Ruby has a cool operator by the name of splat(*) that lets you unpack an array as arguments on the fly. See this code below for an example:

 
# Define the item array
item1 = ['Jack', '39', 'Panda']
 
# Define a regular function that takes three arguments
def hi(name, age, type)
  puts 'Hi ' + name + '! You are ' + age + ' and a ' + type + '!'
end
 
# Call the function using item1 and the splat operator
hi(*item1)
# Outputs: Hi Jack! You are 35 and a Panda!

While JavaScript does not have such a convenient operator, experimenting around, I’ve found a good enough solution:

 
var item1 = ['Jack', '39', 'Panda'];
 
function hi(name, age, type){
     console.log('Hi ' + name + '! You are ' + age + ' and a ' + type + '!');
}
 
hi.apply(this, item1);
// Outputs to your Firebug console: Hi Jack! You are 39 and a Panda!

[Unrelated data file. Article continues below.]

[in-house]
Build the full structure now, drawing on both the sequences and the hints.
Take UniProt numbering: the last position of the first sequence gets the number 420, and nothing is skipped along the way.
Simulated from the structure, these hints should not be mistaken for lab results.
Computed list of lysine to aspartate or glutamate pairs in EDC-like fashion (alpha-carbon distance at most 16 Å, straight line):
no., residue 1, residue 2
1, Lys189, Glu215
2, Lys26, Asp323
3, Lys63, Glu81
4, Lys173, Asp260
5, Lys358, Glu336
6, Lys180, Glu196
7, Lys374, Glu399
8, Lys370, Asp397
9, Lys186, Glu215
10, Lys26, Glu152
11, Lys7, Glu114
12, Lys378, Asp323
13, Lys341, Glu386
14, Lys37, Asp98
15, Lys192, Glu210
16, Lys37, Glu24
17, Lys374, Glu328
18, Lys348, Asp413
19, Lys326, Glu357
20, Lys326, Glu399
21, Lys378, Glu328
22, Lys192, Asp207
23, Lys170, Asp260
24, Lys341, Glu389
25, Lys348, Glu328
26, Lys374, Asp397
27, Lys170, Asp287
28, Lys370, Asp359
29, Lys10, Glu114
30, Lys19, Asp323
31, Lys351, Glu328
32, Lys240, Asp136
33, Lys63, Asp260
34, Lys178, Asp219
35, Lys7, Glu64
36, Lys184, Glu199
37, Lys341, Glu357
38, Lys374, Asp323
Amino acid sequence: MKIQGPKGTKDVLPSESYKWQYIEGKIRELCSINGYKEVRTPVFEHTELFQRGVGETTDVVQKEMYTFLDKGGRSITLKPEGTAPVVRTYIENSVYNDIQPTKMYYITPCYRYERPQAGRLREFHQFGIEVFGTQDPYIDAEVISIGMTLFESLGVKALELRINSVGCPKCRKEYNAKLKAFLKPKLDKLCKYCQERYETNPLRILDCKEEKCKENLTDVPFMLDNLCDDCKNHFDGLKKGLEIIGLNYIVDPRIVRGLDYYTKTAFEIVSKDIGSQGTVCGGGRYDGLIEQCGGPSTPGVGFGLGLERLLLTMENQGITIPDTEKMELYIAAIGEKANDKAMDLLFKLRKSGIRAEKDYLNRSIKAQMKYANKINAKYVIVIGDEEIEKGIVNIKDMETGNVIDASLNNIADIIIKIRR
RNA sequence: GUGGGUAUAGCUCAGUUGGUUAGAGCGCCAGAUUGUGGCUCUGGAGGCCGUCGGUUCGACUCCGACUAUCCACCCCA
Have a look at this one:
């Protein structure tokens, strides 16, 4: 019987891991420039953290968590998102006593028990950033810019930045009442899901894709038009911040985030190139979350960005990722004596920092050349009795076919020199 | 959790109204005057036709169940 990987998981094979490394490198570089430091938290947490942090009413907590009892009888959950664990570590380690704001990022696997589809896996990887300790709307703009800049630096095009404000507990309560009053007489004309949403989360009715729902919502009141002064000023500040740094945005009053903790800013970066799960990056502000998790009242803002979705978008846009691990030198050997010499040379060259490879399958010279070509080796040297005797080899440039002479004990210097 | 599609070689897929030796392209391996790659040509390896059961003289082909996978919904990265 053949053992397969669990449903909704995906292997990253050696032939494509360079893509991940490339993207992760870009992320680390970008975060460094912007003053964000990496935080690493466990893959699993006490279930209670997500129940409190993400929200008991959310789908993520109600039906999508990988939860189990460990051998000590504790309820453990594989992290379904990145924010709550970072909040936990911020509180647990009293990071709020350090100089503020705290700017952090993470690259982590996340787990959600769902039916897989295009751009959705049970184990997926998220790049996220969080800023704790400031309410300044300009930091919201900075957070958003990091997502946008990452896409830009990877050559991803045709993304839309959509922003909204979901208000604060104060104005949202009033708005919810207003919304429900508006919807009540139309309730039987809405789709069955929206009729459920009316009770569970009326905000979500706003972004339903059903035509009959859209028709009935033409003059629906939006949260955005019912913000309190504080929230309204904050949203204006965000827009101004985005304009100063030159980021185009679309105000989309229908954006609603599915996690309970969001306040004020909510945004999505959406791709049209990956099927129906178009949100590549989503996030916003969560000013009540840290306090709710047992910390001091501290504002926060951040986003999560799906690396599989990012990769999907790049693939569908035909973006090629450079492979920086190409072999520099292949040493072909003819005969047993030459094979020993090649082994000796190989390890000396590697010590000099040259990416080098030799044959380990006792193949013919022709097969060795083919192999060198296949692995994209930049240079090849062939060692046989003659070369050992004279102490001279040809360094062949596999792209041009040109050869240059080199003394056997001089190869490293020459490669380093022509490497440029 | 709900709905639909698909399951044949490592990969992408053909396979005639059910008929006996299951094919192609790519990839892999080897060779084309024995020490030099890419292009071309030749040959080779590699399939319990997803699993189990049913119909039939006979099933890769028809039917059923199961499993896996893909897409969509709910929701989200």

The apply method is built into all functions in JavaScript and allows you to call a method of an object in the context of a different object (Moz dev page here). Think about it as the equivalent of temporarily moving that method off the current object (the window object if it’s a global function) and attaching it to another object before calling it.

The primary reason to use this method is for changing the this keyword reference inside of the called function, but it has the added benefit of optionally requiring an array of arguments that get passed to the called function. We basically keep the this keyword as the window object (could have specified window instead of this) and use it to unpack our array for us.

This solution is also useful in any situation where you have a function that takes an unlimited number of arguments and you want to to eventually send those arguments to another function that also accepts any number of arguments. This situation is exactly what was puzzling me as I was working on creating a “safe” version of Firebug’s console.log that would work normally in Firefox but alert each argument separately in Internet Explorer.

Lastly, this is usefully for succinct array merging. Instead of looping through one array and pushing each item onto another you can do:

bob = [1,2,3,4];
sue = ['a','b'];
 
bob.push.apply(bob,sue);
bob
// returns [1,2,3,4,a,b]